There are very few people who can take criticism graciously, even when it’s constructive and we know it to be the truth. For the majority of us the knee jerk reaction is to get defensive. After all it feels like it’s our character that is being attacked and the natural reaction is to hit back by either defending our actions or going after the person who is giving the criticism. However, this is seldom helpful, especially in the workplace. We need to be able to accept constructive criticism and have a greater level of self-awareness, if not, how else will we ever improve or learn?

Self-awareness and criticism

Often we are not aware of things we say or do, or how we go about things unless someone else points them out to us. You may think that you are simply being direct when you answer a question or ask for something, yet your tone may come across as harsh and abrasive, and you could be offending or even intimidating people without knowing it. On the other end of the scale if you are shy by nature and seldom share your thoughts, people may misinterpret this as you being a snob.

Gaining a greater level of self-awareness is key to personal growth and career development. Colleagues and managers are well placed to provide feedback that can help with this self-awareness. So how do you go about preventing that knee-jerk reaction and learning how to take criticism in a positive way? Here are five steps to help you become better at taking constructive criticism.

1 – Pause and breathe

Before you start to react, stop and take a deep breath. Pause for a moment and just listen, don’t interrupt or respond, hear them out. Giving constructive criticism is almost as hard as hearing it, so give the other person a chance to get through what they have to say and explain why they feel the need to bring certain things to your attention.

2 – Listen constructively

Give the other person the benefit of the doubt, there may well be validity in what they are saying. Ask yourself: “If this is true, is it hindering my career? What could be the outcome if I changed how I do things?” Choose to hear the positive aspects of what is being said rather than just labelling it as personal criticism. Use it to build a greater level of self-awareness.

3 – Get more info

If you truly do not understand where the other person is coming from, and even if you do, before responding, try get more clarity on the situation. Is the behavior they are referring to a specific isolated event that took place or is it consistent with the general way you operate? For example: If they are saying you come across as being aggressive, it’s important to clarify if they see it as the exception or the norm. It could be that you felt strongly about a particular point being raised in a meeting which got you all worked up. Before trying to justify your actions, ask more detailed questions and get specifics so that you have the whole picture before responding.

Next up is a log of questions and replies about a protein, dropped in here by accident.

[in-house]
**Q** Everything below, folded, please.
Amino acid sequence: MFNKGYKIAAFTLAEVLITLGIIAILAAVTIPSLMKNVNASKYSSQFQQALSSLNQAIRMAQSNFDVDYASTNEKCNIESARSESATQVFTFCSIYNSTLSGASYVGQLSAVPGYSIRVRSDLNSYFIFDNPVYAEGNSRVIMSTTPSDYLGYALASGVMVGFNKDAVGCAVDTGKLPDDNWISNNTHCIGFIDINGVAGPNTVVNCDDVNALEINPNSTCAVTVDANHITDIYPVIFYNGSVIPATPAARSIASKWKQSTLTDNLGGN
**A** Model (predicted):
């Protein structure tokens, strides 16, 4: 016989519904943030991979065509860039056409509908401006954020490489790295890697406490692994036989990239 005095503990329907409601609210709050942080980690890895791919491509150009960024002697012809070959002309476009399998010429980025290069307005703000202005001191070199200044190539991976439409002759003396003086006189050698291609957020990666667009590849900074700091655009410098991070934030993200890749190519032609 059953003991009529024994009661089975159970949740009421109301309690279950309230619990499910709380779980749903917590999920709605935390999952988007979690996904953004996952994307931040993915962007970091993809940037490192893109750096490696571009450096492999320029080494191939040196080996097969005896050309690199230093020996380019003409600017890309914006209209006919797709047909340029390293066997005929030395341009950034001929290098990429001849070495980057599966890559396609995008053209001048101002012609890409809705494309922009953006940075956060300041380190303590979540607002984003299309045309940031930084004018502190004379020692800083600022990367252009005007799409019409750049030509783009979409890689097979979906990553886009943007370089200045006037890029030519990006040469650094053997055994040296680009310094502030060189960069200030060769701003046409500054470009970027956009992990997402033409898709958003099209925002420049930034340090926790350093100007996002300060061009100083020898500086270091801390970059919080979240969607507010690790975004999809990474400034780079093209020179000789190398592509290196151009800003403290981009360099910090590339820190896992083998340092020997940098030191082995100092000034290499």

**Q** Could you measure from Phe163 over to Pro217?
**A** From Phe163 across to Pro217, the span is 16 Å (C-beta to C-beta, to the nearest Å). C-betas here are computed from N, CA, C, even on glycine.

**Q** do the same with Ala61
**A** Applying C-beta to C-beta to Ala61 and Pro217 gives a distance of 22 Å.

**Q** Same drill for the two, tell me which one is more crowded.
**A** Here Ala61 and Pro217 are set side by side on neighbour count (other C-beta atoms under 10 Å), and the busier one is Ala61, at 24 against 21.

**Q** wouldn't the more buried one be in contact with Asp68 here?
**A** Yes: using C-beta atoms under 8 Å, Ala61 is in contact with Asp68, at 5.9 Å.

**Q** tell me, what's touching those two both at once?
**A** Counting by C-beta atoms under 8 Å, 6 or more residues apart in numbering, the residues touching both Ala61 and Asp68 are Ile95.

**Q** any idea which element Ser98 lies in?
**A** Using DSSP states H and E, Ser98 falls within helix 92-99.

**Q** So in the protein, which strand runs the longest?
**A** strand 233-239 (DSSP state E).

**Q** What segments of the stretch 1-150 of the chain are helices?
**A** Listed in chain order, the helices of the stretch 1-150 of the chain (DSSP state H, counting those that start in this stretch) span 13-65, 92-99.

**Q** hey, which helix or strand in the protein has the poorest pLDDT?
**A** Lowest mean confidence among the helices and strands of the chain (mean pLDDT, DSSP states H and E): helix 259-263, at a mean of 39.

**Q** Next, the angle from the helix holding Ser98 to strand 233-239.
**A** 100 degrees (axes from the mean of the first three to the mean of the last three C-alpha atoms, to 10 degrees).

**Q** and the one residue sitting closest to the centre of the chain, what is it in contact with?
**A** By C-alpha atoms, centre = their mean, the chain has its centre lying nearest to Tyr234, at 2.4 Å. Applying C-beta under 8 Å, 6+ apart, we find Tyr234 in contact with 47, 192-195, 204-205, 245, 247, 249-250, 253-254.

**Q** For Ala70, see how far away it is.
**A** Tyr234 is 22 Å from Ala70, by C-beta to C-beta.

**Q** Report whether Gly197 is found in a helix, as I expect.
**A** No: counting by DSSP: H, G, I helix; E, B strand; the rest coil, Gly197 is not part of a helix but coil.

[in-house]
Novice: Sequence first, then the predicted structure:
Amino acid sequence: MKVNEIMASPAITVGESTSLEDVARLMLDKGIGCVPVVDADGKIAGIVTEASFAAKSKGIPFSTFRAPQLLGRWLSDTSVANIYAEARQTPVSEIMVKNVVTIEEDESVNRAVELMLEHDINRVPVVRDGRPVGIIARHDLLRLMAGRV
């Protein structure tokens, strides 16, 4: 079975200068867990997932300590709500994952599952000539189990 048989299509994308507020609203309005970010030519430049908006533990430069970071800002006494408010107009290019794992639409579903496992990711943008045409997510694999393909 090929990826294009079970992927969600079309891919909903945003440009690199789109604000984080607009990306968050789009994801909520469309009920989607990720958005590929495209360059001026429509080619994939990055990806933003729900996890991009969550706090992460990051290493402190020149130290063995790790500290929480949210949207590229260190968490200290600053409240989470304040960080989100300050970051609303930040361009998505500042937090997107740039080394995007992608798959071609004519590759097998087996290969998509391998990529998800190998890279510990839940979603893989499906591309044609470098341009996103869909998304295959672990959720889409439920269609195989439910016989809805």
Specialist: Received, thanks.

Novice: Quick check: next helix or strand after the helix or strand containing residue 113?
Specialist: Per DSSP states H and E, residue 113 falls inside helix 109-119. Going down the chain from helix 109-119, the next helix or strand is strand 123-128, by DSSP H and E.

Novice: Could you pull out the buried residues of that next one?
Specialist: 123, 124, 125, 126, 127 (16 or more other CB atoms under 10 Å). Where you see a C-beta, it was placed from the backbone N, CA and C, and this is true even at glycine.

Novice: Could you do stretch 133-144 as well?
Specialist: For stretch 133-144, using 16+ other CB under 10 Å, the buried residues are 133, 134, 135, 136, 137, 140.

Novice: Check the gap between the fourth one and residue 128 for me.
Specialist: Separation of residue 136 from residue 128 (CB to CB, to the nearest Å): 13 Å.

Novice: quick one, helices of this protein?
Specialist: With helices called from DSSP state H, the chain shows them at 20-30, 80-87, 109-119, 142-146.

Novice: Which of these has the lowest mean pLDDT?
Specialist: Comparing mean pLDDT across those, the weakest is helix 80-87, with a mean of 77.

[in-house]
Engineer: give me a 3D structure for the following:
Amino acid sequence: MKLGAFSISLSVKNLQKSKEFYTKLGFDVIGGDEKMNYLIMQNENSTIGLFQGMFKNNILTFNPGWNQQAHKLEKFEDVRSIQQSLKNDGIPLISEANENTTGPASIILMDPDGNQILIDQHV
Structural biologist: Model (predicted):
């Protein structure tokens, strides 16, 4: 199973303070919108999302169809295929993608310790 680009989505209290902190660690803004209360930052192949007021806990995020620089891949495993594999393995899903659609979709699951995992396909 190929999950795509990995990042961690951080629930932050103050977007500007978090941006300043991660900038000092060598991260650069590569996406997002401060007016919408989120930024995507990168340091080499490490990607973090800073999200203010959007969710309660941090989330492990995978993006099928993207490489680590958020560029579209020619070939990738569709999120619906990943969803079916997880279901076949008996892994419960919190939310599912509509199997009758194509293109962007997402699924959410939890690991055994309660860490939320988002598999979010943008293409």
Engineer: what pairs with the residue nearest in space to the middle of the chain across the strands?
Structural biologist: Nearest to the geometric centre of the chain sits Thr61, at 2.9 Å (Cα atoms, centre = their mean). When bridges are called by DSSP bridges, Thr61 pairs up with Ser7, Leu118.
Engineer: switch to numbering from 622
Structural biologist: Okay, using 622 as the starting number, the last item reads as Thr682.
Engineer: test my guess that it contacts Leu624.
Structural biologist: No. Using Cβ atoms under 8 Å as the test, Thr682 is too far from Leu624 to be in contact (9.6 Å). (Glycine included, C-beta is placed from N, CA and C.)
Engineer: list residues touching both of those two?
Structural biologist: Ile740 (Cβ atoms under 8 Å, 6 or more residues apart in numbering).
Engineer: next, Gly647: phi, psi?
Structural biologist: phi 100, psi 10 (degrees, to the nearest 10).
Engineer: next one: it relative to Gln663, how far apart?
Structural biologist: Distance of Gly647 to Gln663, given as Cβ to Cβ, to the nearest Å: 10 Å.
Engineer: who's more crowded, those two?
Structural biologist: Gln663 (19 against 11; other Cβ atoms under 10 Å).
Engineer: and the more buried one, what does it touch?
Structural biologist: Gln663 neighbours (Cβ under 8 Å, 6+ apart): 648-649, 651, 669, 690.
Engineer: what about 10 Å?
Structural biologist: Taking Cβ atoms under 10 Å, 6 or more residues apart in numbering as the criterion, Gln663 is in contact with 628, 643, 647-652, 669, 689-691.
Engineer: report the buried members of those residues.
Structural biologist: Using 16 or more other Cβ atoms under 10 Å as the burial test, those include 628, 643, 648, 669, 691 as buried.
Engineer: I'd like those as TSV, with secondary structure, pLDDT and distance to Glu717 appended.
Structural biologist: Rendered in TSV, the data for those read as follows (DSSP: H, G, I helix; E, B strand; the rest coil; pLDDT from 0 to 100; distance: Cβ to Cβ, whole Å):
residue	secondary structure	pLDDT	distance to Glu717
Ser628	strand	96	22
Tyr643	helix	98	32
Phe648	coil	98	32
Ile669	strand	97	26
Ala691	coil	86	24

4 – Appreciate the perspective

This is an important step because it forces you to start seeing things from a different perspective and learning from the experience. Just knowing others are seeing things differently from how you see them helps you to start to develop a greater level of self-awareness. Specifically when you find yourself in a similar situation in the future, if you have that self-awareness you can change your actions and it may well influence how people respond to you.

When receiving feedback, express your gratitude to the person giving it. When constructive criticism is received well, then people will be more confident of being able to give you feedback again in the future. They will also see you as someone who is willing to learn and change and this is often a key factor when organizations are looking for people to promote.

5 – Do things differently in future

The purpose of receiving constructive criticism is so that you can change and act differently in the future. However, without using the feedback to create a greater self-awareness this is unlikely to happen. Be conscious of trigger points that could get you riled up in a meeting and use this to temper and manage the way in which you react. Make an effort to monitor the tone used when speaking to different people and specifically notice if it changes the way they respond to you.

Personal growth happens when you have a greater level of self-awareness and this is vital for a positive career progression. Don’t fight the change, embrace the opportunity and you could find you not only learn a great deal more about yourself but also ways to have a more positive influence on your workplace.